While new business models are fashionable talk in business circles, nothing like this immediately comes to mind, but it is worth researching. This led to another study cited in the article pointing to the difficulties company management is facing. In this NAM/ Deloitte study; CEO’s and COO’s were asked:

"Given changes in the economy and business environment, which of the following will be most important to your company’s future business success over the next three years?"


High Performance Workforce 74%
New Product Innovation 49%
Low Cost Producer Status 45%
Increased Customer Service Orientation 20%

From these answers it appears that the competitive variables – new-good-fast-cheap – largely remain intact but with some modern-age differences — differences with which a small and agile manufacturing company (new or otherwise) could quickly succeed.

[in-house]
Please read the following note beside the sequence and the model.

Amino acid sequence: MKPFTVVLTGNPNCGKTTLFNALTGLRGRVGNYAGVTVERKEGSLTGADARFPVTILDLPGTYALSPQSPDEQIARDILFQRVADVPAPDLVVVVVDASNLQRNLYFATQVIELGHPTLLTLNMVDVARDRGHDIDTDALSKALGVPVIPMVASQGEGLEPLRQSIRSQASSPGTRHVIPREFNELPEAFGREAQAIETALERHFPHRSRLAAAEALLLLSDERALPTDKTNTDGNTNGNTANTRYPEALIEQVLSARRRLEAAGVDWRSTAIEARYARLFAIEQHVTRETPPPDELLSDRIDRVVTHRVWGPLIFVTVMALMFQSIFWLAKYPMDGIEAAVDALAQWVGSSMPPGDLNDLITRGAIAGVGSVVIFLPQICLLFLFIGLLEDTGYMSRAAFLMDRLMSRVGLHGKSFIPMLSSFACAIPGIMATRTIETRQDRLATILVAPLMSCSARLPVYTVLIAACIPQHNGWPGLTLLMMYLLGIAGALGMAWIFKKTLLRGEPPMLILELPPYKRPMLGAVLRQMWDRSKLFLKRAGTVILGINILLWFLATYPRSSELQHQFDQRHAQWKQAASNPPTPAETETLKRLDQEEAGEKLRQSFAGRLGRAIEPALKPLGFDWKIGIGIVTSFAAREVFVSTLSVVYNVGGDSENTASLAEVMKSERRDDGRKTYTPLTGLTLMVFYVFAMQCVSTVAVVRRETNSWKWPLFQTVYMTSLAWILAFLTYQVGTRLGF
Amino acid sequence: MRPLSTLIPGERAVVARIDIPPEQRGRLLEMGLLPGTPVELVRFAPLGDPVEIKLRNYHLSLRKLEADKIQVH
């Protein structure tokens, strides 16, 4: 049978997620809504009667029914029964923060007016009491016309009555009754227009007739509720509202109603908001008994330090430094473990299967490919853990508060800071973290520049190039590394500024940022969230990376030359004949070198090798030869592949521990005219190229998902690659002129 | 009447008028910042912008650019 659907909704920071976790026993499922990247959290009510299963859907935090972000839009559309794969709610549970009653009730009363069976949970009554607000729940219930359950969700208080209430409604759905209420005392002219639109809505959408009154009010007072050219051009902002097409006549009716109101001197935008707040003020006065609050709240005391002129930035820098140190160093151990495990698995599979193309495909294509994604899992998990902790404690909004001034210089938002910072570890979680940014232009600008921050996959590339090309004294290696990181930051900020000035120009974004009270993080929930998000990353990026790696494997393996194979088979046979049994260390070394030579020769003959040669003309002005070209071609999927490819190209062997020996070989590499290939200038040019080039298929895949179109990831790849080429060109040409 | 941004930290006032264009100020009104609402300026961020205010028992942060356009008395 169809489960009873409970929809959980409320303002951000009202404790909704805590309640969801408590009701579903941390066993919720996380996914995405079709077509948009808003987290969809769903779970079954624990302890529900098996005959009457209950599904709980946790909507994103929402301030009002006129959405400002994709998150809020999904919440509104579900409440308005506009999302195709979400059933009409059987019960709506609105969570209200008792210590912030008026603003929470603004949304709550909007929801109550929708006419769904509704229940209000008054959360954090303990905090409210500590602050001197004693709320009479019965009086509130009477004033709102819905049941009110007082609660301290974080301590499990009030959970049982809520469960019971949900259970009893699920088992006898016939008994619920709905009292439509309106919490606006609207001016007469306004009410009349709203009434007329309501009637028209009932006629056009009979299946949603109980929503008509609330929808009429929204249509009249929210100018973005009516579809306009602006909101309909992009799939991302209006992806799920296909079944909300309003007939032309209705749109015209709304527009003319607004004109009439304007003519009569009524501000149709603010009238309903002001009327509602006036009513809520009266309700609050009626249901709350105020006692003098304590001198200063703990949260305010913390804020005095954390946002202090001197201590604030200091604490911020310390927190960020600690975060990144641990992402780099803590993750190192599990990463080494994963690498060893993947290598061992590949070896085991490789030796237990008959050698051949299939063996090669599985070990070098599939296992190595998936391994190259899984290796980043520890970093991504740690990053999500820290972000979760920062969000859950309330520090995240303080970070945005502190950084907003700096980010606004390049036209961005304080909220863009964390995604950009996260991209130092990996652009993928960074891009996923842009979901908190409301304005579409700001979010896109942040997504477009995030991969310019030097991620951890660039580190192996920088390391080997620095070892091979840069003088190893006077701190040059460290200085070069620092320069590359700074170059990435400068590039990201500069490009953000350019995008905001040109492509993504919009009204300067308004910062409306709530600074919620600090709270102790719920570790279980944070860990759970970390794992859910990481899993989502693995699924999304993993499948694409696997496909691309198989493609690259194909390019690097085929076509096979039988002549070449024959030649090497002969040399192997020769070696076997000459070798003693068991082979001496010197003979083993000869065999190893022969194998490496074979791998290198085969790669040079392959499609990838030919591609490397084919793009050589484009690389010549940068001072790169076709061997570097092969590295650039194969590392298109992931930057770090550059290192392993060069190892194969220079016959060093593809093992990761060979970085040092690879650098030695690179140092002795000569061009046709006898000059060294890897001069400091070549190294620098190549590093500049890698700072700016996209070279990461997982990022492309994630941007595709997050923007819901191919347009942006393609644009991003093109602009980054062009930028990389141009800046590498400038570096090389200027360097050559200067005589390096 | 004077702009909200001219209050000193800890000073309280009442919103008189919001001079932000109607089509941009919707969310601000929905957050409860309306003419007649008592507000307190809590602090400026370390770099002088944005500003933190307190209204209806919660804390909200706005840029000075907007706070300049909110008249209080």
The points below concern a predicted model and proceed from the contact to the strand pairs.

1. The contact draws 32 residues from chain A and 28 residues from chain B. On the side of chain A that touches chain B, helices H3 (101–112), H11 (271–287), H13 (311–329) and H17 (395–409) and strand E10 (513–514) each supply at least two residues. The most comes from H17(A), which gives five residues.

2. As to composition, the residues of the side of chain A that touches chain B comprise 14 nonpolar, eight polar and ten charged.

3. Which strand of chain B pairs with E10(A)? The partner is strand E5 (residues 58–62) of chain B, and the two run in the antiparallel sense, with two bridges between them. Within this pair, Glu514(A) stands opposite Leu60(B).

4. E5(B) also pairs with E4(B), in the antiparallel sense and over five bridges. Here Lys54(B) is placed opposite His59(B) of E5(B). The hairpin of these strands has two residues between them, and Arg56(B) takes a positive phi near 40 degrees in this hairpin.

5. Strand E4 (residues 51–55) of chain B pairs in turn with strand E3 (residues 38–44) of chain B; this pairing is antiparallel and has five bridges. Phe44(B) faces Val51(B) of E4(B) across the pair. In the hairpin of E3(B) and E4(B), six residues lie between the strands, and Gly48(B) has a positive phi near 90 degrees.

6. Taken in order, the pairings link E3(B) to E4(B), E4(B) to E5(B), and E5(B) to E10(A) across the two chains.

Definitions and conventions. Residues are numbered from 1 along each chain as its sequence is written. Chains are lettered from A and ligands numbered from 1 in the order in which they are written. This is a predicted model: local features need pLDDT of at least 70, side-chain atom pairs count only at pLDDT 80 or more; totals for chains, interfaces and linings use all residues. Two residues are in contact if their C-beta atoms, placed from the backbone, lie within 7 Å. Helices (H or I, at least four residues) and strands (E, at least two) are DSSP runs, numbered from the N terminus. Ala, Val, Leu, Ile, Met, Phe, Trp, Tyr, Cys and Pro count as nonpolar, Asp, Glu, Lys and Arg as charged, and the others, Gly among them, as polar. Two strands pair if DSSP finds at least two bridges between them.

A start-up manufacturing company establishing a high performance team with a customer driven orientation, organized to innovate on the product mix and deliver a low cost product and service solution, could dominate the marketplace by mastering this new set of competitive differentiators. Management only needs to find a new blend of resources to exploit America’s people, technology, and business strengths and overcome the weaknesses obvious in the current economic scene.

Exploring Globalization